From: Philippe Verdy (email@example.com)
Date: Wed Mar 17 2004 - 15:11:58 EST
----- Original Message -----
From: "Peter Kirk" <firstname.lastname@example.org>
To: "Philippe Verdy" <email@example.com>
Cc: "Unicode Mailing List" <firstname.lastname@example.org>
Sent: Wednesday, March 17, 2004 8:11 PM
Subject: Re: Investigating: LATIN CAPITAL LETTER J WITH DOT ABOVE
> On 17/03/2004 09:59, Philippe Verdy wrote:
> >Arcane Jill <email@example.com> wrote:
> >>But if you lowercased that, surely you'd get <j, combining dot above>.
> >>How should that be rendered?
> >This is already addressed: lowercase j is "soft-dotted" meaning that its
> >dot disappears when there's a diacritic above it, and this includes the
> >combining dot above.
> >So <j, combining dot above> is not canonically or compatibility equivalent to
> ><j>, but both normally look the same when rendered, and the difference that
> >invisible in lowercase, comes back to visible when converted back to
> >So the semantic is preserved...
> But if you had a font (e.g. a Celtic one) in which lower case i or j is
> dotless, should the soft-dottedness be cancelled and the dot appeared
> anyway? (Dare I suggest that this would give a way of writing Turkish
> with a Celtic font? Probably not as it would mean non-standard encoding
> of the Turkish text.)
In my opinion yes, a sequence <lower case i or j, combining dot above> should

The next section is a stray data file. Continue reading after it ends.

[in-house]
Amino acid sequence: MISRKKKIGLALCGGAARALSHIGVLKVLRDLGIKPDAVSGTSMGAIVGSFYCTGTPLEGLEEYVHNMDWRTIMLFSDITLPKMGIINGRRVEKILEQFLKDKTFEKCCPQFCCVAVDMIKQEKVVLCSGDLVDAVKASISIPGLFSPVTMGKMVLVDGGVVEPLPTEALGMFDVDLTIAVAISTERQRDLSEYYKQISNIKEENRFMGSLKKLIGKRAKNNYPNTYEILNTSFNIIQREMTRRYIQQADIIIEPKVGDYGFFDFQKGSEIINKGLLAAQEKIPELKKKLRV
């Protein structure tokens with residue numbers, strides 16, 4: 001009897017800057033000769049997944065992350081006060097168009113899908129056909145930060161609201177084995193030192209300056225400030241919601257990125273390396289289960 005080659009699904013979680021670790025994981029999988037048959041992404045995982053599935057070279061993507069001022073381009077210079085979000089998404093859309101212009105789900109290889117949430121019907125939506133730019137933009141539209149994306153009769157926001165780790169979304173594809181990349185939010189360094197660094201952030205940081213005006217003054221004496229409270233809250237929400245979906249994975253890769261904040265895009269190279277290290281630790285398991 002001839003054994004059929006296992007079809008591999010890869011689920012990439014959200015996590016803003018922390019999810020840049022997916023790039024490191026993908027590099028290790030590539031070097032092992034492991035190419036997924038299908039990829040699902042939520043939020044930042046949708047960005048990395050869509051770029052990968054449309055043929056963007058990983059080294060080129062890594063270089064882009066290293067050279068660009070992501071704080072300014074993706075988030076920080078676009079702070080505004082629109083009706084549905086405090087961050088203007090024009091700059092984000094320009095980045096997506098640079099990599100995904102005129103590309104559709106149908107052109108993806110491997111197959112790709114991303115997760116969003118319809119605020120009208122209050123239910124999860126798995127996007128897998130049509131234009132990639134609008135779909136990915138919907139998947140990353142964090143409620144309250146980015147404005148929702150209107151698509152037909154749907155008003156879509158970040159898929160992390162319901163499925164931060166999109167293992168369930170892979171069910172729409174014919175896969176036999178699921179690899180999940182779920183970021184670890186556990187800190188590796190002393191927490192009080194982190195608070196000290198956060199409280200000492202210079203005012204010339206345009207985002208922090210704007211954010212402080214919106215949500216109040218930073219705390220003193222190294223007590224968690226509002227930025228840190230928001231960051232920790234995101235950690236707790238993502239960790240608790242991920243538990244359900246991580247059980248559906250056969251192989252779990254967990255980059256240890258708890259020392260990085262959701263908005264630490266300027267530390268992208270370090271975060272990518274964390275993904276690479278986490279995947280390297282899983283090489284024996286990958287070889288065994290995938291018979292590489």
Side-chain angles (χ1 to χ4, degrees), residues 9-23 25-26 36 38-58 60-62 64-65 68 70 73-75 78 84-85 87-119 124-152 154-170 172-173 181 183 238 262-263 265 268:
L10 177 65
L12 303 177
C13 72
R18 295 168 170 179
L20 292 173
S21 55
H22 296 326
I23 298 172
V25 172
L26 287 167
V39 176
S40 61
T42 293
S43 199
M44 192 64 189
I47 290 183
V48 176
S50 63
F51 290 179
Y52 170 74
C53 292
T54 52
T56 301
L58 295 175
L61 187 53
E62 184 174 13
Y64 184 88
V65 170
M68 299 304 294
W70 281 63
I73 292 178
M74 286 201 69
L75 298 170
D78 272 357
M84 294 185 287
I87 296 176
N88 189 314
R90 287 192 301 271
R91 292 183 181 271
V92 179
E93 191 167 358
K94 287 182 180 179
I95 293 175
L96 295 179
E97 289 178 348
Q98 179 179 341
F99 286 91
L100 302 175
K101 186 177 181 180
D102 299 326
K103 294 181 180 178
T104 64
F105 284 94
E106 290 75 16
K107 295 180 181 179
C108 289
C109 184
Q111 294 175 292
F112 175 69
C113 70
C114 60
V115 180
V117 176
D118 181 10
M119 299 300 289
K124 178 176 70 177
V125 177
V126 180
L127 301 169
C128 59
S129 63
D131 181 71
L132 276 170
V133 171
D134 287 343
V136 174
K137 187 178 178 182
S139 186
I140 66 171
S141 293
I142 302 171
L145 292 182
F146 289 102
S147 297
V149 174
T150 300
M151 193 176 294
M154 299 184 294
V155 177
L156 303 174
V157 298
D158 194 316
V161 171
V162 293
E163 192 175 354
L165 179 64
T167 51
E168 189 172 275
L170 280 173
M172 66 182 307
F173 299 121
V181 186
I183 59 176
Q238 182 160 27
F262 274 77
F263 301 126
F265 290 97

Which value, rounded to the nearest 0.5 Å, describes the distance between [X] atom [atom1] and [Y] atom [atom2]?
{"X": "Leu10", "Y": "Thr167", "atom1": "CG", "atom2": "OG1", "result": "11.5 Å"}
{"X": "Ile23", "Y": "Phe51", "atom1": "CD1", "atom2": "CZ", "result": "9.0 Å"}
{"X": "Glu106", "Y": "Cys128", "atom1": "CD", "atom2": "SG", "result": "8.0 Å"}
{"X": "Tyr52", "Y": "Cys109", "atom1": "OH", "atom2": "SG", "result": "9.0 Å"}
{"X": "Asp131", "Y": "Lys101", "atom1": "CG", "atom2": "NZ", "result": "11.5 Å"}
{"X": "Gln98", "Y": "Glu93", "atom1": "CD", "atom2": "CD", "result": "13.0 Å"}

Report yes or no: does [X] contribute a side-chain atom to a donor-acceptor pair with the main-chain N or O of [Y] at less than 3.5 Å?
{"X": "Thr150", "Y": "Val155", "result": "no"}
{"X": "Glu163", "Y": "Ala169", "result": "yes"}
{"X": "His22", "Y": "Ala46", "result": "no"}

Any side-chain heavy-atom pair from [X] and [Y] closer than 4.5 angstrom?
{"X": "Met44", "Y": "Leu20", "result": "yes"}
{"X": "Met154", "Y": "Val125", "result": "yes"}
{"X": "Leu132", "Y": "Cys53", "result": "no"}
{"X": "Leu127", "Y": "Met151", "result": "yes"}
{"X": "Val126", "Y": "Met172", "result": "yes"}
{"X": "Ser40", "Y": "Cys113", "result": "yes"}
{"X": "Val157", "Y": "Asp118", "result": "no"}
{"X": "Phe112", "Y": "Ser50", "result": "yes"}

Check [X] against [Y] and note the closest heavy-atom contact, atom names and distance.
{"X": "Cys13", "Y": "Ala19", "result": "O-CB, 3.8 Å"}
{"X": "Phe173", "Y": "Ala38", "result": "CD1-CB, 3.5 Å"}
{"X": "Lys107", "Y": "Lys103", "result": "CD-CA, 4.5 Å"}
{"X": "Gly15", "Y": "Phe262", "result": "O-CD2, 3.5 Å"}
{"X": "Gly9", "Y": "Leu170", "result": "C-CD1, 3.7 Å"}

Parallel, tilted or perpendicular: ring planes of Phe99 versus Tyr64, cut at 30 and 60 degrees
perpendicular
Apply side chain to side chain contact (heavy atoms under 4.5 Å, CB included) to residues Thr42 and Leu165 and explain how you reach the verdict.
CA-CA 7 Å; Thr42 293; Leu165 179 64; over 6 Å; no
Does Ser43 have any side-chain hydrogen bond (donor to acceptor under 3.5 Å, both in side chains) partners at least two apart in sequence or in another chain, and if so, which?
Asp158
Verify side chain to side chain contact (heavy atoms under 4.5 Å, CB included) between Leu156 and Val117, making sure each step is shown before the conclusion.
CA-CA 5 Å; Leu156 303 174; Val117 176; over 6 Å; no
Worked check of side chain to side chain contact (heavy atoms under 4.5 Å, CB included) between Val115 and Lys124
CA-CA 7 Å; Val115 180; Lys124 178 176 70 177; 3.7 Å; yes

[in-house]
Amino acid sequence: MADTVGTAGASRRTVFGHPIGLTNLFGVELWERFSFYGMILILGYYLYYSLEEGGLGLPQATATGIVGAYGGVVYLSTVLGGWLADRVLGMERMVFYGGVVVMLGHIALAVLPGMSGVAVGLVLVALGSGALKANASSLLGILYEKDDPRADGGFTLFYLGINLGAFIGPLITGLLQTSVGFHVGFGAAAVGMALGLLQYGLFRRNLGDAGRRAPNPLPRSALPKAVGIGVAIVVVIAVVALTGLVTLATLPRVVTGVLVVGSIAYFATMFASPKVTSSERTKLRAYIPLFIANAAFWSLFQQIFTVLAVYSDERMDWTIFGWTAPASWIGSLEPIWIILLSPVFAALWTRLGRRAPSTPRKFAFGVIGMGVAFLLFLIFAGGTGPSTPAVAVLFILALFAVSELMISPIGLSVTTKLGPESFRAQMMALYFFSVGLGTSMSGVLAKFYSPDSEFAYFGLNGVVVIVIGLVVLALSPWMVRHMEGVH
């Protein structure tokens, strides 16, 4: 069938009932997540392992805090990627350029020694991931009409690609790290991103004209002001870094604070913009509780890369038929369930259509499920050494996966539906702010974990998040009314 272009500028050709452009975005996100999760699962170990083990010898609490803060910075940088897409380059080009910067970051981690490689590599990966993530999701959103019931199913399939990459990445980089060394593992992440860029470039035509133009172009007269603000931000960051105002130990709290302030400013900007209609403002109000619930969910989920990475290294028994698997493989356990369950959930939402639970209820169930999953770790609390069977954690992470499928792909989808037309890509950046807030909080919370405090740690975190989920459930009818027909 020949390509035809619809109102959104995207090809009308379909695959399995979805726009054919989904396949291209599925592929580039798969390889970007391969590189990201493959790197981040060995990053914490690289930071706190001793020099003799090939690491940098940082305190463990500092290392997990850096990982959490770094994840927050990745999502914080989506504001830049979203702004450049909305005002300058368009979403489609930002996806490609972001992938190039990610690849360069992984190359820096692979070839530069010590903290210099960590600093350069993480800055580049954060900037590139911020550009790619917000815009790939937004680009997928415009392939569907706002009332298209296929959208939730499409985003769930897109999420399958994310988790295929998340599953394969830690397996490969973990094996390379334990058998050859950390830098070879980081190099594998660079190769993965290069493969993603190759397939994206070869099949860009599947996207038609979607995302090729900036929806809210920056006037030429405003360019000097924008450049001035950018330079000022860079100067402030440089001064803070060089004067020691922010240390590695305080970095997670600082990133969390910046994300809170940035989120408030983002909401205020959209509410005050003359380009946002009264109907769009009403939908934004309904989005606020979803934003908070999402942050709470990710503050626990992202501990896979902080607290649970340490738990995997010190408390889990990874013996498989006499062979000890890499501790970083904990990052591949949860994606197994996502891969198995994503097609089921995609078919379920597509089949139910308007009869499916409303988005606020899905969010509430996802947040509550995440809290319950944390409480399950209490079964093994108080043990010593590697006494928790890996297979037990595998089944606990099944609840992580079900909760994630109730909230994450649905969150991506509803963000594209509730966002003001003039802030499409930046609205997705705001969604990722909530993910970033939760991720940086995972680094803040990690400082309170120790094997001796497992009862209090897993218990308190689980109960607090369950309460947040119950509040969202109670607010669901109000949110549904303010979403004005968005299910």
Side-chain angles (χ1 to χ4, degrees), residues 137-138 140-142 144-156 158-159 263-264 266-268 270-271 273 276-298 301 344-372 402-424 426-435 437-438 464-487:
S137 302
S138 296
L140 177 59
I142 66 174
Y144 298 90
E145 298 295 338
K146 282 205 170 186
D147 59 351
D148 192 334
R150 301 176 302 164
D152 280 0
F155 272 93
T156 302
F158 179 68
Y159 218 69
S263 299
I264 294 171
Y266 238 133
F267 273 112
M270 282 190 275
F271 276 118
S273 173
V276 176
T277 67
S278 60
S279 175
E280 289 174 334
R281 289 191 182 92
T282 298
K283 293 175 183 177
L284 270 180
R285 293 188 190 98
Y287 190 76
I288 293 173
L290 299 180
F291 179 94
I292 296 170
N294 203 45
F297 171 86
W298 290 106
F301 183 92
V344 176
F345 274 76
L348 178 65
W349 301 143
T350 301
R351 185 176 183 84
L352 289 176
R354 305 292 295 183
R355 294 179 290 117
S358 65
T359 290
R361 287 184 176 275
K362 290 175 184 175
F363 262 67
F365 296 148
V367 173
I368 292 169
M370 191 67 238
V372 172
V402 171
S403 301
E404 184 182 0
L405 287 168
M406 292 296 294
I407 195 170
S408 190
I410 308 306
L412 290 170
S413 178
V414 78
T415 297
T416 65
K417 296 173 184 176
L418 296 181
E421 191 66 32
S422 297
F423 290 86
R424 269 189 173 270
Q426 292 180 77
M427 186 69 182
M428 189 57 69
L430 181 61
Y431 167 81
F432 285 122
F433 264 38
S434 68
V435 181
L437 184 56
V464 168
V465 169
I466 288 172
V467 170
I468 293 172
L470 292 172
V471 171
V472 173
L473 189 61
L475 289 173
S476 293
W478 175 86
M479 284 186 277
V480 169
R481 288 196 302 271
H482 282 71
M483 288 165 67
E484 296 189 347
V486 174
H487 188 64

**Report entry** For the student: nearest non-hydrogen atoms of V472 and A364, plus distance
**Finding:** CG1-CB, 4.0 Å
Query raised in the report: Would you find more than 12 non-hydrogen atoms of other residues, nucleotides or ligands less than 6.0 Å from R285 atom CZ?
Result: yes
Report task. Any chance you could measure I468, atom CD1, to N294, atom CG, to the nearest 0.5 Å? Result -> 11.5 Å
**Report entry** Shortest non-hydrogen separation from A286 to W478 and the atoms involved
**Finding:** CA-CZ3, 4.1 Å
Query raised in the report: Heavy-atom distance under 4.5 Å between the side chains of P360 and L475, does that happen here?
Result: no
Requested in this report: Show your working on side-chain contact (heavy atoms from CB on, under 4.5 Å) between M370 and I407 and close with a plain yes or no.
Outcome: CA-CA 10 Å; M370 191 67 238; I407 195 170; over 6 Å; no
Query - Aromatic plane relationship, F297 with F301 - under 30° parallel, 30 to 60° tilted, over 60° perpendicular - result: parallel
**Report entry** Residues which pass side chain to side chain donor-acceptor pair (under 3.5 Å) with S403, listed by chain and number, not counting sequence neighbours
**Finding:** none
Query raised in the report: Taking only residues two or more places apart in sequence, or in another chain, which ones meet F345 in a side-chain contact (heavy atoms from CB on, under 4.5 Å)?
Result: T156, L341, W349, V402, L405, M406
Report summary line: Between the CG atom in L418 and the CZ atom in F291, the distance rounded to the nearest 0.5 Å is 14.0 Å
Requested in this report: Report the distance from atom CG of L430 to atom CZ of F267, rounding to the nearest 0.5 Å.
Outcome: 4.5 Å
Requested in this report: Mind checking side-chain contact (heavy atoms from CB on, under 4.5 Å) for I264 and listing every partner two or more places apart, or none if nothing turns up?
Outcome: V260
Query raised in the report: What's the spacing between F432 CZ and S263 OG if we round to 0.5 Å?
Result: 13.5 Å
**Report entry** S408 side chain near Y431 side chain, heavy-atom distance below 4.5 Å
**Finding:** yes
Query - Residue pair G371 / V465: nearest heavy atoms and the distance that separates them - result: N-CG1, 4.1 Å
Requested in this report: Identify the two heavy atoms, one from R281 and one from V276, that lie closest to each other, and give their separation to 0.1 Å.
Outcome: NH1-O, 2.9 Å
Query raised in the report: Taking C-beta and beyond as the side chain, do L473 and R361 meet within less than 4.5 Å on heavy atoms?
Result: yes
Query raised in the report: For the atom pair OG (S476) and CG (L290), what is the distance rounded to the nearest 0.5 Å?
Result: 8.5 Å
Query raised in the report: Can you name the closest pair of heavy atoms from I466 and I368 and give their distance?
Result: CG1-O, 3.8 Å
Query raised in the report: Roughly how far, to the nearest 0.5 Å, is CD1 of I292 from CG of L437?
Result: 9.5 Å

show the dot even in the Celtic font. The "soft-dotted" property only implies
the appearance of the implicit dot associated with <lower case i or j>, but has
no effect on the following <combining dot above> which is explicitly requesting
the presence of the dot.
So a Celtic font may very well be used to show Turkish text, at the price of a
change of encoding, something that would probably not happen. So if the standard
Turkish text is rendered with the Cletic font, it will not be rendered
correctly, as the Celtic font will display both the soft-dotted <lowercase i or
j> and <lowercase dotless i or j> exactly the same way, unless the renderer is
instructed that the text to render is Turkic, and the Celtic font contains
instructions to restore the implicit dot for <lowercase i or j> for Turkic text.
The font may for example (1) recognize the language tags in the text stream, if
present, or (2) it may contain language-specific character-to-glyph substitution
tables, that a language-aware renderer would be able to use if instructed to do
so by the application using this renderer and instructing the renderer with a
language code option. A priori I prefer option (2), as language tags in the text
stream is already a deprecated method, that requires inserting additional
characters in the plain-text stream to render, and also because the language
information is most often encoded out of the band, for example by a xml:lang
attribute of a container XML element whose content is a text-element (each
text-element in XML is the largest unit of plain-text coded in a XML document,
XML itself not being plain-text by itself but a encoding syntax for general
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